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White House Damage Control: Politics or Policy?

With criticism of the Obama Administration's terrorism policies now coming from Democrats as well as Republicans, the White House and Attorney General Eric Holder are pushing back hard to justify their recent controversial decisions—most notably why they treated the Christmas Day bomber like an ordinary street criminal and read him his Miranda rights.

In a five-page, single-spaced letter today to Senate Republicans, Holder took full responsibility for the decision to charge Umar Farouk Abdulmutallab with federal crimes. And he took full aim at critics who've argued it cost the United States valuable intelligence because the young al Qaeda operative promptly lawyered up and stopped talking.

In the letter, Holder adamantly defended his decision—and himself. "As Attorney General, I am guided not by partisanship nor political considerations," he said, but by a commitment to "protect the American people, defeat our enemies and ensure the rule of law." He managed to set himself up as a shining knight of principle and a guardian of the law, while calling into questions the motives of anyone who deigned to criticize him.

Holder said a contrary approach ignoring the role of the criminal justice system in fighting terrorism would be "foolish" and "dangerous." But that's exactly what critics have called the decision to stop questioning Abdulmutallab.

The decision was made in chaos on Christmas Day, after FBI agents questioned the severely wounded young Nigerian for a mere 50 minutes before he was rushed into surgery. There was no consultation with top intelligence officials, and the director of National Intelligence Dennis Blair, who was out of the loop, questioned in Senate testimony whether it was the right call.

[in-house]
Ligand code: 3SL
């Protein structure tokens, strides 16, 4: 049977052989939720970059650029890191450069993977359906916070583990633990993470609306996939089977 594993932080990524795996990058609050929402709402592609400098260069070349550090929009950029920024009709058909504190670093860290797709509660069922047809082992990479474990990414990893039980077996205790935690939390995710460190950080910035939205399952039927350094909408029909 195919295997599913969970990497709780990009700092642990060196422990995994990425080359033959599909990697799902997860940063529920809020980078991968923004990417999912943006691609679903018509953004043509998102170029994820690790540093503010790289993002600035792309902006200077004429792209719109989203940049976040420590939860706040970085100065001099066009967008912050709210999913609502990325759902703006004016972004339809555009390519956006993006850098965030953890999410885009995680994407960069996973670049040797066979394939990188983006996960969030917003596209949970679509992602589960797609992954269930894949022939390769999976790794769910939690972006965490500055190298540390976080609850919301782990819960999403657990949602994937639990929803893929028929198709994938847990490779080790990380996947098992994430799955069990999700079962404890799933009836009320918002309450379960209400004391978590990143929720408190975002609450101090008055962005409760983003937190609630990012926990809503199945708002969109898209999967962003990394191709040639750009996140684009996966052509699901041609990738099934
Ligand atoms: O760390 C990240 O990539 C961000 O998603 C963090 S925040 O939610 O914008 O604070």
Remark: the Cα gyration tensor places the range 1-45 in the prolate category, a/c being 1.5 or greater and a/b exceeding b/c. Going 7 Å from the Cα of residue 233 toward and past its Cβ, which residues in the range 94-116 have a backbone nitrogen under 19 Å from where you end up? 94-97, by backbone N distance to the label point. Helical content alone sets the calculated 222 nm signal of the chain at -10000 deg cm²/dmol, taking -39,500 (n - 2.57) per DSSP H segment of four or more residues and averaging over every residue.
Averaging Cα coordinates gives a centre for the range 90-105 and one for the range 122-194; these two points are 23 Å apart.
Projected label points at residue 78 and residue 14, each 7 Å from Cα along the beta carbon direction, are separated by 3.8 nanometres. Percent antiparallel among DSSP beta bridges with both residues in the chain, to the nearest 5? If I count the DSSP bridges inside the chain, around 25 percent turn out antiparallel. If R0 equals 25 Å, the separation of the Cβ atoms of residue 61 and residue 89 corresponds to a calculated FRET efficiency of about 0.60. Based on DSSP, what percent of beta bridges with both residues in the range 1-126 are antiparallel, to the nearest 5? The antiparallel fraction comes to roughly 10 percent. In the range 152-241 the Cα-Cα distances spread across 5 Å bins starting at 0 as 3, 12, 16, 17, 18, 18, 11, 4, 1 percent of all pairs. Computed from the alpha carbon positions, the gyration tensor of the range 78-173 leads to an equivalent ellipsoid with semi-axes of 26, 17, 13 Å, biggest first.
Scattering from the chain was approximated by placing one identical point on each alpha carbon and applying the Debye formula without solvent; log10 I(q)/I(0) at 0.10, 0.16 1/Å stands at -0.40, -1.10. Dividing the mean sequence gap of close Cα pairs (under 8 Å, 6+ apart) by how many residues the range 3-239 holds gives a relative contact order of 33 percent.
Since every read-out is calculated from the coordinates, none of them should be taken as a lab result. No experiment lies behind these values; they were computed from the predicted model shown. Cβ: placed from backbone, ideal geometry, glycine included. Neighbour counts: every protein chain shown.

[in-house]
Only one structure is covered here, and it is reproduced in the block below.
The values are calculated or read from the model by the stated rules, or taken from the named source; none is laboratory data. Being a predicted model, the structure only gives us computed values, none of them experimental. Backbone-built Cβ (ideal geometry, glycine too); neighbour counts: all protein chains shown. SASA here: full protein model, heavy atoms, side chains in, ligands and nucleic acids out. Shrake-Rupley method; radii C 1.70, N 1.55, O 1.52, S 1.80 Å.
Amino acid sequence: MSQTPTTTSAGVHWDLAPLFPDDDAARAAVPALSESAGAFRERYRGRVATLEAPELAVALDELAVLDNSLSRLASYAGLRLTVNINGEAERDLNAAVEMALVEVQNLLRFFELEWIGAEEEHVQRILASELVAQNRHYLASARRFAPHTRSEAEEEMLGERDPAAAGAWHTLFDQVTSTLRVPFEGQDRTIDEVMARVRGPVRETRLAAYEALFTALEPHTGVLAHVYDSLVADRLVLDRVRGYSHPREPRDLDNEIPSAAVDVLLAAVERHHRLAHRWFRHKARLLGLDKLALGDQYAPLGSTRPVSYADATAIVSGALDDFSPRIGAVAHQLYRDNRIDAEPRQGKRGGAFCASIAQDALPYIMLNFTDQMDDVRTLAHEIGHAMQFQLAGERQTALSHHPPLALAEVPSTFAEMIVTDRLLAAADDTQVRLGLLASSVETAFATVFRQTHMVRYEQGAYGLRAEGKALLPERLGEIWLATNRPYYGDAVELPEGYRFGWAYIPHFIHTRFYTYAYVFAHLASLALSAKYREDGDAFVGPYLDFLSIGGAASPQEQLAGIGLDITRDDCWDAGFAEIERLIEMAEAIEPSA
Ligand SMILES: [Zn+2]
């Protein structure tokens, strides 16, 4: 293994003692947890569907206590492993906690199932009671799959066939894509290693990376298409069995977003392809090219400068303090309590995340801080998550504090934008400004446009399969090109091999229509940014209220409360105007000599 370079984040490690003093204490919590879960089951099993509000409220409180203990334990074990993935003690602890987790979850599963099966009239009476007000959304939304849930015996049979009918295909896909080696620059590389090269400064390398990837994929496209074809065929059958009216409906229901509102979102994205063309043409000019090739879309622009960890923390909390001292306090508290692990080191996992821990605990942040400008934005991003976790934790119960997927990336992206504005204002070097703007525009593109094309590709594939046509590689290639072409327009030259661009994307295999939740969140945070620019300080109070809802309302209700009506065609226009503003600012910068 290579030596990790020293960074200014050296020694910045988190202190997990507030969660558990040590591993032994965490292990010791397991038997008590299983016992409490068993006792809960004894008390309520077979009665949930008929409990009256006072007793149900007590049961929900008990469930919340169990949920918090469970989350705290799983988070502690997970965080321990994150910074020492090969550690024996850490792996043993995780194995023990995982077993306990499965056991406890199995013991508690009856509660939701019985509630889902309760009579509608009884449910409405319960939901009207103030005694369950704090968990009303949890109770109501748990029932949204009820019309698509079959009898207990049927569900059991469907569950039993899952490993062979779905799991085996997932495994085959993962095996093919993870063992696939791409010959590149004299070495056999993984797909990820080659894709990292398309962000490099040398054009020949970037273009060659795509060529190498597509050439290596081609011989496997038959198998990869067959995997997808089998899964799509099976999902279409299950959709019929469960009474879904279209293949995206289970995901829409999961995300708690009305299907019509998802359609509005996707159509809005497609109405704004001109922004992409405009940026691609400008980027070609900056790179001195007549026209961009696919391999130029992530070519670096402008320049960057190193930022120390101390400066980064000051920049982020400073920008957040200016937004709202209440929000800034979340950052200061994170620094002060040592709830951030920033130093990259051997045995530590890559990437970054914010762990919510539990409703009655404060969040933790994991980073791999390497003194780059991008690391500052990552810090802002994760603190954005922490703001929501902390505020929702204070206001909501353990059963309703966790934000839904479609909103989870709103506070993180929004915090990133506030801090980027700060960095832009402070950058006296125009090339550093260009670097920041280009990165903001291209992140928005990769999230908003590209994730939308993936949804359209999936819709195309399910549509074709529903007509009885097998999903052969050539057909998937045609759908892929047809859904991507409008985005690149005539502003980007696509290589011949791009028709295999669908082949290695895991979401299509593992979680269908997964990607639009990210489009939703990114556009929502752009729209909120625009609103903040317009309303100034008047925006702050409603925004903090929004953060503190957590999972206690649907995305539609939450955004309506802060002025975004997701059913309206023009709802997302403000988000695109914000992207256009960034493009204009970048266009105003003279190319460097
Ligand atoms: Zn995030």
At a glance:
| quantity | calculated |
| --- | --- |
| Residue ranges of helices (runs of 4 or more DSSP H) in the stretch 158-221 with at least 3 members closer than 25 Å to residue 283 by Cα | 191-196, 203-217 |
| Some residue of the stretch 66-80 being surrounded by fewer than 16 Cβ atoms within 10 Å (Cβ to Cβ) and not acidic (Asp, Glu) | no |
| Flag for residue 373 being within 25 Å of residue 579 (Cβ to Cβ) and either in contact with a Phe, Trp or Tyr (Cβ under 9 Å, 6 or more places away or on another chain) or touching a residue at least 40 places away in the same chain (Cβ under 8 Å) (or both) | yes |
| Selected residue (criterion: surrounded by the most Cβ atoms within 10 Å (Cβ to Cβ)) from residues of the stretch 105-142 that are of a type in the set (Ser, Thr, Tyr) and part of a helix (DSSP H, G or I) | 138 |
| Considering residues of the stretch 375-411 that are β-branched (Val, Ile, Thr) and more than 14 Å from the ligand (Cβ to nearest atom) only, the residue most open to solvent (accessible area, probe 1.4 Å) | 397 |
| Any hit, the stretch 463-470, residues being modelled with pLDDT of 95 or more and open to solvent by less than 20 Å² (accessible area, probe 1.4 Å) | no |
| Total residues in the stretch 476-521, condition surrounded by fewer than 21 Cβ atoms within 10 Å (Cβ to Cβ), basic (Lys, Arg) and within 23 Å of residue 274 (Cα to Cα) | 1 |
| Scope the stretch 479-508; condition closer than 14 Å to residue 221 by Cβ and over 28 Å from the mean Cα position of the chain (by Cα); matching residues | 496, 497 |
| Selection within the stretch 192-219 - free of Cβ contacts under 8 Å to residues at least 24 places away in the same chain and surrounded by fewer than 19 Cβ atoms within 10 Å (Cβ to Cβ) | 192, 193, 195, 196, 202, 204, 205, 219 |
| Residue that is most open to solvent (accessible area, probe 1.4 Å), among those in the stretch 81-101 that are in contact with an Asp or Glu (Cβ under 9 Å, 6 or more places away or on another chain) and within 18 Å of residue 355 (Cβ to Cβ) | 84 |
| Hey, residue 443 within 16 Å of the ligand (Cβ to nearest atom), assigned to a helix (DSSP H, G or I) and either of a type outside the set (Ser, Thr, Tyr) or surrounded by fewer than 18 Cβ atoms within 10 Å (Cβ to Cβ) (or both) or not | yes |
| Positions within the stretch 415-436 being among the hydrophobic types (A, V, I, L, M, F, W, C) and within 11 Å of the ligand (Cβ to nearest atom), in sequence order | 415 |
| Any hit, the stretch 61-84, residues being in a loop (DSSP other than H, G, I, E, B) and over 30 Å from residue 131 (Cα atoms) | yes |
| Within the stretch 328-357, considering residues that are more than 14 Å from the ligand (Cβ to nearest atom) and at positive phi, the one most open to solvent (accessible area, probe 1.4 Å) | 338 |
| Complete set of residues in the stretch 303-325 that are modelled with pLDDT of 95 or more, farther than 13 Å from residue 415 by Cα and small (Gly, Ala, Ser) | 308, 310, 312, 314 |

The former CIA Director, Gen. Michael Hayden, contended out in a recent Washington Post editorial that the decision cost valuable intelligence. And while the White House last night was heralding the fact that Abdulmutallab has now started talking again—five weeks after he tried to blow up the airliner--those critics say the five weeks of silence came at a high cost, with real consequences.

Although he still may have some intelligence to offer, the five-week delay in questioning him diminished it, they say, because it gave al Qaeda time to adjust to whatever he revealed—changing safe houses, closing down email accounts, adopting new pseudonyms.

That's why questions were raised immediately when agents read Abdulmutallab his rights and Holder opted to charge him with a crime like an ordinary murder suspect, instead of detaining him in a military process, with continued interrogations by intelligence experts.